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Thursday, 24 May 2018

This week’s Poetry Friday host is Margaret Simon at Reflections on the Teche. Margaret has a new book of poems coming out, BAYOU SONG. I can’t wait!

Welcome back to Northfield Elementary School, Poetry Friday friends.

This is my twelfth year as Northfield’s poet-in-residence, working with the third grade team. The annual poetry residency is sponsored by the school PTA’s cultural arts committee, and by an Artist-in-Residence grant from the Maryland State Arts Council. Thank you!

This has been a great teaching partnership for me. I learn new things from Northfield’s educators every year.

You will find “Words in My Pillow,” by Naomi Shihab Nye, in this anthology: FALLING DOWN THE PAGE: A Book of List Poems, Edited by Georgia Heard.

Our first workshop was the list poem, which I haven’t done in a few years. Naomi Shihab Nye’s “Words in My Pillow” from the anthology Falling Down the Page was our model. You can read my initial plan for this lesson at Today’s Little Ditty.

A few years ago, I wrote my own “Words in My ___ Poem” to close out our National Poetry Month series on poems about clothes. It was titled “Words in My Closet.” You can read it at this post.

Because “Words in my Pillow” is about words and language, the third graders and I spent a lot of time talking about juicy words. A poem called “Words in My Dog” might include specific nouns (TREATS, WATER, TONGUE), descriptive adjectives and verbs (BARK, FLUFFY, FAST, LICK), but it might also have “states of being” — things we can’t really see (LOVE, COMFORT, KINDNESS).

Because this was our first lesson, I encouraged the students to stick as close to Naomi Shihab Nye’s poem as they wanted to. We did this by writing a “cross-out” poem. Using a print-out of “Words in My Pillow,” the poets strike-through any words they want to replace with their own ideas. It looks like this:

Words in My Piano
By Shanthi S.

I hide words inside my piano.
Words that sound good–

NOTES.
KEYBOARD.
NOISE.

No one can see them
but I find them waiting for me.
Like the strings hiding inside the keyboard.
No one can see it
but I know what’s in there —

MUSIC
ADVANCED
SONGS
PERCUSSION
PEDALS
SLIDE

RHYTHM is in there.
TUNING is in there.

The words are playing together
when I am saying or thinking them.

PIANO BOOKS.
HARMONY.
PITCH.
BEAT
is in my piano.

My friends the words
go to play music before I do.
But they never
go away.
***

 

Words in the Gym
By Bettina

I hide words inside the gym.
Words that worry me a lot—

BALLS.
FAVE.
BENCH.

No one can see them until it comes out of nowhere
and crashes right in you like a ball
but I find them waiting for me as I get my hopes up.
Like the unsure hiding inside my body.
No one can see it, they’re too tall to feel it
but I know what’s in there—and all the other shorties.

PUMPED.
NERVOUS.
TIRED.
EXHAUSTED.
DISAPPOINTED.
BORED.

CYCLES are in there.
HOPES are in there.

The words are bouncing together
When I am saying or thinking them.

YES!
UH OH!!
RUN.
WHOOSH!
is in the gym.

My friends the words
go to bed before I do.
But they never go away. And I’ll
just have to deal
with it.
***

Words in My Hideout
By Isabella

I hide words inside my hideout.
Words that feel cozy—

DARK.
COZY.
SECRETIVE.

No one can see my cave
but I find it waiting for me
like a fox hiding in the forest.
No one can see it
but I know it’s there—

QUIET.
FUN.
SOFT.
BLANKETS.
FILES.
COLORFUL.

STUFFIES are in there.
ART SUPPLIES are in there.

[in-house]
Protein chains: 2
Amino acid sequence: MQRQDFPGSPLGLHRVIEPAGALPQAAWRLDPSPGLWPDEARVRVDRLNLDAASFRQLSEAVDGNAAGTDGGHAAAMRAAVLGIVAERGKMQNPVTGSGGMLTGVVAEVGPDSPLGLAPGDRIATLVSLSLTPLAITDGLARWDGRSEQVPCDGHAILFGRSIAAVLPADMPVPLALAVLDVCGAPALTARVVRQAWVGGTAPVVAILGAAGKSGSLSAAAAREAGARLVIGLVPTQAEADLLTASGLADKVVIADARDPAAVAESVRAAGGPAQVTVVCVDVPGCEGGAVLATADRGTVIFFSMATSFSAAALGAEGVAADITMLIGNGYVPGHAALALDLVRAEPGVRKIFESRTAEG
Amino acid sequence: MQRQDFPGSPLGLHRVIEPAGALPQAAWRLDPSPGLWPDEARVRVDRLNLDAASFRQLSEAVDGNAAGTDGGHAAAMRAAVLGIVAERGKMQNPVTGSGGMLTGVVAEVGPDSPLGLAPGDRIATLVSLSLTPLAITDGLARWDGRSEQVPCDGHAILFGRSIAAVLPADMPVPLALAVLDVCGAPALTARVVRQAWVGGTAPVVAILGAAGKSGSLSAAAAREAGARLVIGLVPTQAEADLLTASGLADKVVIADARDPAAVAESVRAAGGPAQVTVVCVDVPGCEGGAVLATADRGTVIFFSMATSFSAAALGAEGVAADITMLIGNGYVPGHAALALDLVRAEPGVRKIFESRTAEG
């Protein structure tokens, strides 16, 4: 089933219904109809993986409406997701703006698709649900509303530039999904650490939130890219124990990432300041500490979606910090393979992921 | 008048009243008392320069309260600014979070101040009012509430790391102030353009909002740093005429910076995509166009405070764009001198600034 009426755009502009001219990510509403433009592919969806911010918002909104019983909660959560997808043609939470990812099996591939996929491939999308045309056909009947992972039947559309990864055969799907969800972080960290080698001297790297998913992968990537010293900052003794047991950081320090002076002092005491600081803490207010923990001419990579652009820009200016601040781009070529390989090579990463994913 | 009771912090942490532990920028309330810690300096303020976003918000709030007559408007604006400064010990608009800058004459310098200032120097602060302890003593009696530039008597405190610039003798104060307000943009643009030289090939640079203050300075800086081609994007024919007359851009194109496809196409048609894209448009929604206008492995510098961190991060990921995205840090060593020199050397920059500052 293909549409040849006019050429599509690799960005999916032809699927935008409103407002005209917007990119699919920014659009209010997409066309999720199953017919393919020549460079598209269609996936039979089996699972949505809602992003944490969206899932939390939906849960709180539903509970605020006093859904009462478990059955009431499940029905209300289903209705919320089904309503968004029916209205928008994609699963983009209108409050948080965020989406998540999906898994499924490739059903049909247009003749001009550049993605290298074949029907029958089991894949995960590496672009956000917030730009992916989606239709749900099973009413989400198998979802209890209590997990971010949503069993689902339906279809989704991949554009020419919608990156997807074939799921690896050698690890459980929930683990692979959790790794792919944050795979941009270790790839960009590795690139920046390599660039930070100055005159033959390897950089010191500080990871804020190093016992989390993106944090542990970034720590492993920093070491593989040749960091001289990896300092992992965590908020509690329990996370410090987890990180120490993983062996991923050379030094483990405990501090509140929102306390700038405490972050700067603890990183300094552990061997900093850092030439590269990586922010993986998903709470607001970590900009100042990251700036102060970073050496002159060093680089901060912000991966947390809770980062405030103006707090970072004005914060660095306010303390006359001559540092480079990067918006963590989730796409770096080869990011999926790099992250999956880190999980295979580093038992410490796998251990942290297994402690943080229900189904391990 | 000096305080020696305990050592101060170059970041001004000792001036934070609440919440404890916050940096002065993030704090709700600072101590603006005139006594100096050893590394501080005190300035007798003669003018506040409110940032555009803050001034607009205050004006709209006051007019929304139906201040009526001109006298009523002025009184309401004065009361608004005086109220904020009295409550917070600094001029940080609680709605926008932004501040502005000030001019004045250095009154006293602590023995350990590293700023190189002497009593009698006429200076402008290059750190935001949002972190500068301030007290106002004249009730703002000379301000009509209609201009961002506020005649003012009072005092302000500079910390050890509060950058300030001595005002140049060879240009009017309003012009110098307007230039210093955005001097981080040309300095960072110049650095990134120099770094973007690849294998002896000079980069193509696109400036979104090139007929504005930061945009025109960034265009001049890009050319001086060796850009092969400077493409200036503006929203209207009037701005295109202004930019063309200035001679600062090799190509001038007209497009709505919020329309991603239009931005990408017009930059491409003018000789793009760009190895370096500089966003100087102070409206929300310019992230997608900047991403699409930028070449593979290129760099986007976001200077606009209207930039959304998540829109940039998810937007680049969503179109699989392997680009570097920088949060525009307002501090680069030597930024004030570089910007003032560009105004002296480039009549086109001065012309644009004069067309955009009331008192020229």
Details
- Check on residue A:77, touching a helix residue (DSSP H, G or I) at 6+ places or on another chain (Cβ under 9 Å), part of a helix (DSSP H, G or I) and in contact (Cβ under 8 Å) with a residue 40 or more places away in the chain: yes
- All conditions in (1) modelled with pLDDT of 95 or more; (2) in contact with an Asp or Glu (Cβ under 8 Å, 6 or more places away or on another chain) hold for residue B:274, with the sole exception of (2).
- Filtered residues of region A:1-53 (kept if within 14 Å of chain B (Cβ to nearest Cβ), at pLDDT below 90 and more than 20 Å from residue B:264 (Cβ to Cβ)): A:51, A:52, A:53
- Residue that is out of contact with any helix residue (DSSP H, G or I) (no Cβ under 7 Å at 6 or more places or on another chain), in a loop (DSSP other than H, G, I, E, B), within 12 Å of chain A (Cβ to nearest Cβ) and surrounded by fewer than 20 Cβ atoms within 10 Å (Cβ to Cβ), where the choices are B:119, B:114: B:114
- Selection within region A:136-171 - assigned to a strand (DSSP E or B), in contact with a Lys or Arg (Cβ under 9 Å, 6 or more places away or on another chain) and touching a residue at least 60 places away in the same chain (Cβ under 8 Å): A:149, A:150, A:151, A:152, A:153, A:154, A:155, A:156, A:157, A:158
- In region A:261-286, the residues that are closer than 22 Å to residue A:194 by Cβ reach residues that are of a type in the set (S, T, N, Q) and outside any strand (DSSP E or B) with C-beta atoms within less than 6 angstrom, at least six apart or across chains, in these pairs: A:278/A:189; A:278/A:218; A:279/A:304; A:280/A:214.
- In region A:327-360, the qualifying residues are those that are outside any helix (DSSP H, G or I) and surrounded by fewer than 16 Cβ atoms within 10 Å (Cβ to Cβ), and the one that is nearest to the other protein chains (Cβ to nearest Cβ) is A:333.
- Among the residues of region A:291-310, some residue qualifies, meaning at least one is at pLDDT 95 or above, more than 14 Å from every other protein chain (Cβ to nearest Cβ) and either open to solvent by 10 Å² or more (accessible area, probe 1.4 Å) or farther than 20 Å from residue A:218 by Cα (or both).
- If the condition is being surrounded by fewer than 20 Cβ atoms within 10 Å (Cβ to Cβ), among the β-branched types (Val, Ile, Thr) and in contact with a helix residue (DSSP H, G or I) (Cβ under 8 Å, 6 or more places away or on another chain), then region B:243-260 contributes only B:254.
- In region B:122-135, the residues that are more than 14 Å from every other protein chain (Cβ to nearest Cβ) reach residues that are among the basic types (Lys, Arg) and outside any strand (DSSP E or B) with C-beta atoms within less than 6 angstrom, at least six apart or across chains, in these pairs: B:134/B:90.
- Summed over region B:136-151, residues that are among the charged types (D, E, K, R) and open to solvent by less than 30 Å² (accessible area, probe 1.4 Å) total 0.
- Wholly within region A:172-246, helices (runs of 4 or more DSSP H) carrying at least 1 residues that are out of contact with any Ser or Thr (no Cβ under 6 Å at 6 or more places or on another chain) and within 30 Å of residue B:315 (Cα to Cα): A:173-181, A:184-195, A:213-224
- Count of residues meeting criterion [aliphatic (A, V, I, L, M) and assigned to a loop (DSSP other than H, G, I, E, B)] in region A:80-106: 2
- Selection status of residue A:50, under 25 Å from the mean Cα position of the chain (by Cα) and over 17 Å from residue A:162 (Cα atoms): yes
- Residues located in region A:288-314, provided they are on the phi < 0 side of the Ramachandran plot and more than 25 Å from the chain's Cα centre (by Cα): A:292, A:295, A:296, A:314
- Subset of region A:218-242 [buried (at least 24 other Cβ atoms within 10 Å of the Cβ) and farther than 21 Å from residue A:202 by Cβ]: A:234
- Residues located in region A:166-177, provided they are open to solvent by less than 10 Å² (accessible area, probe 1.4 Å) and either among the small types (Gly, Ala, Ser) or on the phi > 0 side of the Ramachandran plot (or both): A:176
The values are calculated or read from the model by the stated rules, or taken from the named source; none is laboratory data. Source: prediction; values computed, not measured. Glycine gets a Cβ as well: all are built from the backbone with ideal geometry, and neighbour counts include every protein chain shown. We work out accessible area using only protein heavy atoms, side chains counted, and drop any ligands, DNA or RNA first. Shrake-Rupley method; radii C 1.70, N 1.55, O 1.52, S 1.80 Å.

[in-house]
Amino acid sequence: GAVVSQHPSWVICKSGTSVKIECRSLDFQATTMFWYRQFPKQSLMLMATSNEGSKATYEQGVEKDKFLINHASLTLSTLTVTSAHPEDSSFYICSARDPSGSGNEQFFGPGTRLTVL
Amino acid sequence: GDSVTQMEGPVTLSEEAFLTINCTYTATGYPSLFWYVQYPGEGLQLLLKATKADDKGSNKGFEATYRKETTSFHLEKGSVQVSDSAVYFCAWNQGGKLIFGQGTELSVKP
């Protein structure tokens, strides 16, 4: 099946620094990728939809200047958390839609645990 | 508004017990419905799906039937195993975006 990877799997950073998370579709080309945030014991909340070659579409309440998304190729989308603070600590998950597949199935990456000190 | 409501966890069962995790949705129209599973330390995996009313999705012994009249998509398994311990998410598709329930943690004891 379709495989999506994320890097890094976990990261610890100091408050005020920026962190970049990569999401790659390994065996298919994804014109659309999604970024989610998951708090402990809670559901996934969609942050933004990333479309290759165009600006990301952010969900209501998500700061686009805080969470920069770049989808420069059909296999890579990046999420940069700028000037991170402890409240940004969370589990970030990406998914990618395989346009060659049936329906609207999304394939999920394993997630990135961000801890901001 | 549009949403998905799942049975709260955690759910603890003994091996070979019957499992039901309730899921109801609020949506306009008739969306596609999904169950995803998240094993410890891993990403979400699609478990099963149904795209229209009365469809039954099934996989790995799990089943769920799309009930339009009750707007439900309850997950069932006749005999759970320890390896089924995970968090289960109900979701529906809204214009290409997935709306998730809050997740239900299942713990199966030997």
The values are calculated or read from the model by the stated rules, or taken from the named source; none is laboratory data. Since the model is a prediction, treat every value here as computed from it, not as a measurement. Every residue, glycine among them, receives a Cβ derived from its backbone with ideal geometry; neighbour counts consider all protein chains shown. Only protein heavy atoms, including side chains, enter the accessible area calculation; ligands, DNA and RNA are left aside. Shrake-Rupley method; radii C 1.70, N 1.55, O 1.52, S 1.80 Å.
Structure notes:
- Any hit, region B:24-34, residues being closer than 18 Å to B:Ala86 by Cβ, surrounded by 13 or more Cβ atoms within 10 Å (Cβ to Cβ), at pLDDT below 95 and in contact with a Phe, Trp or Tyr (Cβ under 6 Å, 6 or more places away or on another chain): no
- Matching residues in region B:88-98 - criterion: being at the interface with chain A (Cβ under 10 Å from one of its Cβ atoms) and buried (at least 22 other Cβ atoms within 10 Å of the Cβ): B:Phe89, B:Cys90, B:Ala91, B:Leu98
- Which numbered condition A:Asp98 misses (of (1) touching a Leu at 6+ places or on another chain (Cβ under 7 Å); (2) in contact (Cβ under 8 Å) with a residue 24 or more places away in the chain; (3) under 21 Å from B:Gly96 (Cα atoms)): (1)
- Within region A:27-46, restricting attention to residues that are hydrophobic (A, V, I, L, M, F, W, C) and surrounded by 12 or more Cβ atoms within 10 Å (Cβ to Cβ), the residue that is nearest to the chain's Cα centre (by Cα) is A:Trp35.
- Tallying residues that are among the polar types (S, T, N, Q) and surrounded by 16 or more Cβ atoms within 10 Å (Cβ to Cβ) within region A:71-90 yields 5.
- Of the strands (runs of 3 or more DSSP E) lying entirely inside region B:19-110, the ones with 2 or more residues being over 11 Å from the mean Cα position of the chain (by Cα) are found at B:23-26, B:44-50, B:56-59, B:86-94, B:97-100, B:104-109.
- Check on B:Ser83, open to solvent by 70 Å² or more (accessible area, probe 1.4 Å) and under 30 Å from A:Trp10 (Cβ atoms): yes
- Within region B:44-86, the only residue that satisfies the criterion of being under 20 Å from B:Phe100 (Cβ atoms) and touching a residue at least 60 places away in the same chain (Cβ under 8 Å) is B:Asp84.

The words are sneaking around
when I am saying or thinking them.

RAINBOW.
PICTURE.
ANIMALS.
HAPPINESS is in my hideout.

My friends the words
go to play before I do.
But they never go away.
***

Words in My Pool
By Ashwin

I see words inside my pool.
Words that flow well—

WATER.
WARM.
CHLORINE.

Everyone can see them.
They are everywhere
like the person hiding behind the waterfall.
No one can see him
but I know who is in there.

PEOPLE.
GOGGLES.
LEAVES.
DIRT.
ALGAE.
GRASS.

BUGS are in there.
PLANTS are in there.

The words are bouncing together
When I am saying or thinking them.

SPLASH.
YEAH.
YUCK.
EW
is in my pool.

My friends the words
go to swim before I do.
But they never swim away.
***

Words in the River
Poet: Katherine

I hide words inside the water.
Words that flow good—

CLAM.
FISH.
WATER.

No one can see them
but I find them waiting for me.
Like the voice telling me to jump.
No one can see it
but I know what’s in there—

ROCKS.
SPLASHES.
HONK.
SAND.
FLOW.
ALGAE.
BORED.

The words are splashing together
When I am saying or thinking them.

FAST.
SLOW.
SHALLOW.
DEEP!
is in my river.

My friends the words
go to bed before I do.
But they never float away.

***

Words in My Video Games
By Ryan

There are words in my video games.
Here’s my words of VICTORY!–

YOU WIN!
NEW RECORD!
1ST PLACE!

But I have losing words too
like—

GAME OVER!
YOU DIED!
LAST PLACE!
YOU LOSE!

Video games have names (obviously).
Mine are–

MARIO KART!
MINECRAFT!
WII SPORTS U!
THE LEGO MOVE VIDEO GAME
are my video games.

My friends like video  games
and so do I.
But they never
Get old!
***

Words in My Name
By Ella

I have words inside my name.
You might not know it—

CRAZY.
LOVABLE
NECKLACE.

No one can see them
but I find them waiting for me.
Like the girl inside my body.
No one can see it,
but I know what’s in there—

HEART.
SUGAR.
LOLLIPOP.
FUNNY.
SHY.
HAPPY.

SECRETS are in there.
CRAZINESS is in there.

The words are bouncing together
When I am saying or thinking them.

EXCELLENT – E.
LOVELY – L.
LIGHT – L
AWESOME – A
is in my name.

My friends the letters
get written down on my paper.
But they never go away.
***

All poems shared with permission.

When I first ran this workshop in 2015, I blogged about what went well. Here’s what I wrote at that time, plus a few adjustments I made to the lesson.

  • This was a good choice for the first lesson of a residency. The children liked being able to focus on the basic element of a poem: words. Of course, we always focus on words in poetry. But Naomi Shihab Nye’s model poem is about the words we carry around in our heads. Starting with something so basic and important on Day 1 provided a strong foundation for future writing.
  • This is the first time I’ve encouraged students to plug into a model poem. Some of the third graders took the model poem “Words in My Pillow,” crossed out the lines and words they wanted to change, and wrote their own words into those spaces. They responded well to having this structure for our first day of writing together. (Update: This turned out to be a great strategy! This year, some students used the cross-out poem for their odes too.)
  • “Words in My Pillow” can adapt to any topic. Because what we’re really talking about is language — words — the poem could be called “Words in My Dinosaur,” “Words in My Garbage Can,” or “Words in My Suitcase.” We have the structure of the poem, but also the freedom to come up with a topic the poet cares about.